Managing the Pain and Stress of Leading


I have taken on a lot of public work.  And I wonder if a dream last night resulted from my heightened notoriety.  I dreamed I was on my way to a meeting, with a group of CPAs who were announcing a generous program to help people with their taxes.  When I got to their building there was a great fat squirrel that seemed to want to get in the door.  I flicked it gently with my foot away from the door.  Then as dreams go sometimes, I continued to flip it away with my foot, thinking nothing of it.  Within an hour I found that YouTube was offering video of the first gentleman “repeatedly kicking a harmless squirrel.”  The local TV stations already had it on their website.  The dream was full of anxiety about how to extricate myself from this PR mess. 

Last week, I wrote about Ron Heifetz’ metaphor: leaders in authority conduct a lot of energy, as they try to meet all the needs and wants and cares of the group.  Once in the boss’ seat, the mayor’s chair, or the public’s eye, pressure mounts.  AND, scrutiny rises.  Whether it’s Scotter Libby, William Bennett, William Clinton, Rush Limbaugh, Anna Nicole Smith, Brittney Spears, a mayor, a CEO, or a coach’s husband, when human mistakes are made they are magnified for all the world to see.  If it’s always been true that “bad news travels fast,” in this internet world, bad news not only travels at hyper speed, but literally travels to the ends of the earth.  We are all human, prone to mistakes and excesses.  Yet when we’re in authority, our mistakes can become major distractions, completely undermining our ability to get people to focus on the work at hand.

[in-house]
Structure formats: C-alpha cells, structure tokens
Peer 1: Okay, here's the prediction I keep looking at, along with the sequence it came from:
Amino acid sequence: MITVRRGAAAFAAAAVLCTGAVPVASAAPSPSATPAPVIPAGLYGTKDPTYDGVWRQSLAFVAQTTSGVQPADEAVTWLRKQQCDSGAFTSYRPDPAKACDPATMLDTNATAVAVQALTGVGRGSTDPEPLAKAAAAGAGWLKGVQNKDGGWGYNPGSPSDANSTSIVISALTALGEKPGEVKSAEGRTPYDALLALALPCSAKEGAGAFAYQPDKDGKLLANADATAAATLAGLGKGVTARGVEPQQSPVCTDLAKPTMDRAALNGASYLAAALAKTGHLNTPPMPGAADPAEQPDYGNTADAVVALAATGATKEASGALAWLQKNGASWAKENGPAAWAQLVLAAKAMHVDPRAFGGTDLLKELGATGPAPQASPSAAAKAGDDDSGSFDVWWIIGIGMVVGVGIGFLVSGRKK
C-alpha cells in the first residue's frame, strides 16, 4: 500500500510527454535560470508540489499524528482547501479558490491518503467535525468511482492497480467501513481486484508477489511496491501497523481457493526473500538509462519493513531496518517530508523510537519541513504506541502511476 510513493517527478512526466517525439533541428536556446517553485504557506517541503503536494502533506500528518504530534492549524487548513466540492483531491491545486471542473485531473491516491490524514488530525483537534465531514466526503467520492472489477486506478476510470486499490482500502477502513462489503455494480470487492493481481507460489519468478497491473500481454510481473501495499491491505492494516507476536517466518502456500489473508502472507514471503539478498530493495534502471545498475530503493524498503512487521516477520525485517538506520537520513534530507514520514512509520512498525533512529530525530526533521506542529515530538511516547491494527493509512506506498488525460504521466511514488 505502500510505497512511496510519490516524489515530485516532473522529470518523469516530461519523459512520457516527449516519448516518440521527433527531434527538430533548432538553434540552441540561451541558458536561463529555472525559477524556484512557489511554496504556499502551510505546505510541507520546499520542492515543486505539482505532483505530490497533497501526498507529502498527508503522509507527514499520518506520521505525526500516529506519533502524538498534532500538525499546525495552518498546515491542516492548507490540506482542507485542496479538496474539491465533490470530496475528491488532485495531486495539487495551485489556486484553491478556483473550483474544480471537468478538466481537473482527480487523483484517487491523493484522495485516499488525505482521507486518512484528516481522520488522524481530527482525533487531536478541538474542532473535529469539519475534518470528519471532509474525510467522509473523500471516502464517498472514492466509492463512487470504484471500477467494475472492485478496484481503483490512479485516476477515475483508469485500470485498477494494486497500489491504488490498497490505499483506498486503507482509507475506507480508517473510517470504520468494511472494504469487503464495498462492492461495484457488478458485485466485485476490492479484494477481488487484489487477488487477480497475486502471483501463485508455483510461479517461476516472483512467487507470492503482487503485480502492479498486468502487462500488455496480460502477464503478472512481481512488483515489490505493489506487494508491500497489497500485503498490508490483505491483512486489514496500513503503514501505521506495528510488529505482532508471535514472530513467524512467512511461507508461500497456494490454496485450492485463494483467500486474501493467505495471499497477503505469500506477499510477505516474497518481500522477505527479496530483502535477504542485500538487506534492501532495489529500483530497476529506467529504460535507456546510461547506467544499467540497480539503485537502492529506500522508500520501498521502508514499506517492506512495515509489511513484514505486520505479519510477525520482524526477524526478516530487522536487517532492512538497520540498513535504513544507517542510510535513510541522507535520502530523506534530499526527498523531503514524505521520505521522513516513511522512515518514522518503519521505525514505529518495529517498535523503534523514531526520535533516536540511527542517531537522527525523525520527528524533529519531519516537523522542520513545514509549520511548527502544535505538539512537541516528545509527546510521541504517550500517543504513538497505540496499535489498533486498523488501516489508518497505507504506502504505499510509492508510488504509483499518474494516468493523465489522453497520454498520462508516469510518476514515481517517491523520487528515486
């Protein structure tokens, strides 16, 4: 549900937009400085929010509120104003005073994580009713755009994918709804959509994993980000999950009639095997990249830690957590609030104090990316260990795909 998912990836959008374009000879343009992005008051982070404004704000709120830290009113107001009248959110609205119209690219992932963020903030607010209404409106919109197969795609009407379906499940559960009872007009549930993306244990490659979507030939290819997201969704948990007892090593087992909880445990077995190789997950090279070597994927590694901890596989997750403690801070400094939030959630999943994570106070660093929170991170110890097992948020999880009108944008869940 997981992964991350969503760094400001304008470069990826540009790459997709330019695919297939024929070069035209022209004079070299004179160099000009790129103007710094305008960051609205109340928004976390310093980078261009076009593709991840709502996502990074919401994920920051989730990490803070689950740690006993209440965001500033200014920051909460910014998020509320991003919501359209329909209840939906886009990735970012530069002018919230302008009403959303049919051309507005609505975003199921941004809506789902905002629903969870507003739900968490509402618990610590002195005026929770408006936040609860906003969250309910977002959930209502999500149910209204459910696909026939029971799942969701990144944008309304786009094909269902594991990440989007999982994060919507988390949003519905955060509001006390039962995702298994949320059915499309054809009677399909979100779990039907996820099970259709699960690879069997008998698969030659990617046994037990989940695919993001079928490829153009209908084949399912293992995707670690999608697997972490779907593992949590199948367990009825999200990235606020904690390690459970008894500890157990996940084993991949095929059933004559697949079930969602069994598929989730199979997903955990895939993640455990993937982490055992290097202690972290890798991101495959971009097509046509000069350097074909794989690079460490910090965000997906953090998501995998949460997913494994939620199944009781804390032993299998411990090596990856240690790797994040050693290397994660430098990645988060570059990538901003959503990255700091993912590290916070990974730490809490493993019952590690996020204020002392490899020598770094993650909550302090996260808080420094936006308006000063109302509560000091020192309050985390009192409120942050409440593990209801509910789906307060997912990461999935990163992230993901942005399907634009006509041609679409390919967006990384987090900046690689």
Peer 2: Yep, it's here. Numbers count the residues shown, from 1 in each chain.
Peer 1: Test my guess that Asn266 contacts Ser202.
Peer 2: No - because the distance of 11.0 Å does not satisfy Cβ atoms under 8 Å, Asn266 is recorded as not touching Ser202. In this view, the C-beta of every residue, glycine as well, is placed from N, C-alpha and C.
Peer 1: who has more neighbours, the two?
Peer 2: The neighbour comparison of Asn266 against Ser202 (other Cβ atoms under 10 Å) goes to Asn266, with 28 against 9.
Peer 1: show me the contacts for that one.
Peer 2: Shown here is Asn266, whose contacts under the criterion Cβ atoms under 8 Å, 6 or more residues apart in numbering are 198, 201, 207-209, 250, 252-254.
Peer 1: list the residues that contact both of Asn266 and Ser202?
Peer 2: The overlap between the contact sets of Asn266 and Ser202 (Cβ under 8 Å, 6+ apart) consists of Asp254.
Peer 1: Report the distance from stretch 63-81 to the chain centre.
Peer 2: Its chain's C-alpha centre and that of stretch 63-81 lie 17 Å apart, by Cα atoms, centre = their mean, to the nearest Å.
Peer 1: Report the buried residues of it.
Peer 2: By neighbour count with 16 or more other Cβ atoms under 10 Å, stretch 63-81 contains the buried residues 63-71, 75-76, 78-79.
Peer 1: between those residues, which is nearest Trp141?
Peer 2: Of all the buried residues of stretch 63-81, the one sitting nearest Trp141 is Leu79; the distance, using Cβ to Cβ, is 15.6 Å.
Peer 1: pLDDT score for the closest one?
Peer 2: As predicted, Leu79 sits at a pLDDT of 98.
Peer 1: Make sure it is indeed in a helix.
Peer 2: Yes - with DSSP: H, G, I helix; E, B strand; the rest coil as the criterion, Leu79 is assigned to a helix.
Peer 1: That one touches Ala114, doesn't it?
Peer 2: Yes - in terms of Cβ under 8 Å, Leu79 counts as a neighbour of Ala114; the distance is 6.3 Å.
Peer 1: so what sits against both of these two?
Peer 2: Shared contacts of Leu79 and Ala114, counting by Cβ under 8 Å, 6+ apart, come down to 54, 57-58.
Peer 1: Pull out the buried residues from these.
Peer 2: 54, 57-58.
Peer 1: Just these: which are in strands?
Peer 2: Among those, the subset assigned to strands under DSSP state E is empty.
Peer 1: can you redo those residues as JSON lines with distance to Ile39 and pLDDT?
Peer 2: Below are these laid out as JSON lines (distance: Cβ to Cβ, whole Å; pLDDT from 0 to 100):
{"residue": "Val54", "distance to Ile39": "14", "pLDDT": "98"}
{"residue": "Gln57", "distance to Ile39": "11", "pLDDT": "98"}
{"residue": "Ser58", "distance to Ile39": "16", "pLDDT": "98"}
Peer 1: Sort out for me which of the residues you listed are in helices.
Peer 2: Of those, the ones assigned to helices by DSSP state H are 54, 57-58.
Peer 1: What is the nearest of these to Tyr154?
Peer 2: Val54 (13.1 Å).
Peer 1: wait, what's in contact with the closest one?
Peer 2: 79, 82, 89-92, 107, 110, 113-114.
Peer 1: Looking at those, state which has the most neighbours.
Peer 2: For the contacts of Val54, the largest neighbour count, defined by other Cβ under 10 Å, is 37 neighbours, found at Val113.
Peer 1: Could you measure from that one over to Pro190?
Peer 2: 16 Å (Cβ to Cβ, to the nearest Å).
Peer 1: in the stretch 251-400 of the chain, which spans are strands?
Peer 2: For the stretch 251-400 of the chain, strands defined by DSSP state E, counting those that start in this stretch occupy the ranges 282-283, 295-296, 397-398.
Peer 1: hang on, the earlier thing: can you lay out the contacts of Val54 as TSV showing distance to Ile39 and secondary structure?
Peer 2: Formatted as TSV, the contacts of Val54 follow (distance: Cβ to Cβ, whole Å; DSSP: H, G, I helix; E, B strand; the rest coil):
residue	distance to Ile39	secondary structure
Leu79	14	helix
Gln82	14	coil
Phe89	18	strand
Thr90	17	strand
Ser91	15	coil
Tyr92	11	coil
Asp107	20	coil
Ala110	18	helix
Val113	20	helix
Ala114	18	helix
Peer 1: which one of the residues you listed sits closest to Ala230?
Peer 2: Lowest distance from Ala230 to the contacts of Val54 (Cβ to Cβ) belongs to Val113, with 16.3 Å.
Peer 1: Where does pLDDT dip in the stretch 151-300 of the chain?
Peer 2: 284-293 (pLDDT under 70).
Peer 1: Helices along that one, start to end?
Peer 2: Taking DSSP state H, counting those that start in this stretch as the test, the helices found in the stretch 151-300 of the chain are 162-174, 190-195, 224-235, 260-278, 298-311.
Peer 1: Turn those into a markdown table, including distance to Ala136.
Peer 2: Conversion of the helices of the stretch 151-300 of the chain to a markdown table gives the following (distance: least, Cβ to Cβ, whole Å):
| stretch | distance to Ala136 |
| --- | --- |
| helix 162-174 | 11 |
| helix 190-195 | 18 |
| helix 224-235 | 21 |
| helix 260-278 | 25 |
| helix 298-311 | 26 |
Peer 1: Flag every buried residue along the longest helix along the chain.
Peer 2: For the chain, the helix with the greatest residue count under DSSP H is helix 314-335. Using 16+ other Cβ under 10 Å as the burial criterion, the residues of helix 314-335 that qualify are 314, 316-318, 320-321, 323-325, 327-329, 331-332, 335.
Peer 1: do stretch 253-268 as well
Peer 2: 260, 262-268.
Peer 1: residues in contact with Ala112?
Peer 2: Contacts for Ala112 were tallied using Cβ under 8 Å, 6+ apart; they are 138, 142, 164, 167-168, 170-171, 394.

Is there hope?  Of being perfect, no.  But of managing the energy we are conducting, yes.  We may face great external and internal pressure to, for instance, turn around a failing school, balance the budget, make partner at the firm, or get our team into the playoffs.  How do we manage the creeping, invisible, and invasive pressure?  Step one is to gauge the pressure, to see it, and to be honest about the level of emotional pressure we are under.  Sometimes you see the pressure only from the symptoms: you’re drinking more, your stomach’s been a mess for two straight weeks, the migraines are coming more frequently, you are buying lottery tickets by the handful, or you’re continually raising your voice with your kids or your staff.  Step two is to own the job of managing the stress.  Stress affects you, and it will affect others, too, because people are plugged into you.  The energy you conduct, they also will feel.  Let me suggest the first step in management of stress: talk about it with someone – spouse, friend, rabbi, counselor, business coach.  Don’t just let it rattle around inside until it in some way eats you up or erupts onto the internet. 

If this unusually foreboding message doesn’t apply to you, you might watch those you love, especially those conducting much energy.  Be mindful of ways to ease your stress, or the pressure of those leading around you.  Heighten your sensitivity and remain honest about the symptoms that show up in reality, as you  

Lead with your best self, 


P.S.  Thanks to so many of you who ordered my book last week.  You helped propel me up Amazon’s list from 248,000th place on Monday morning, up to the 600s.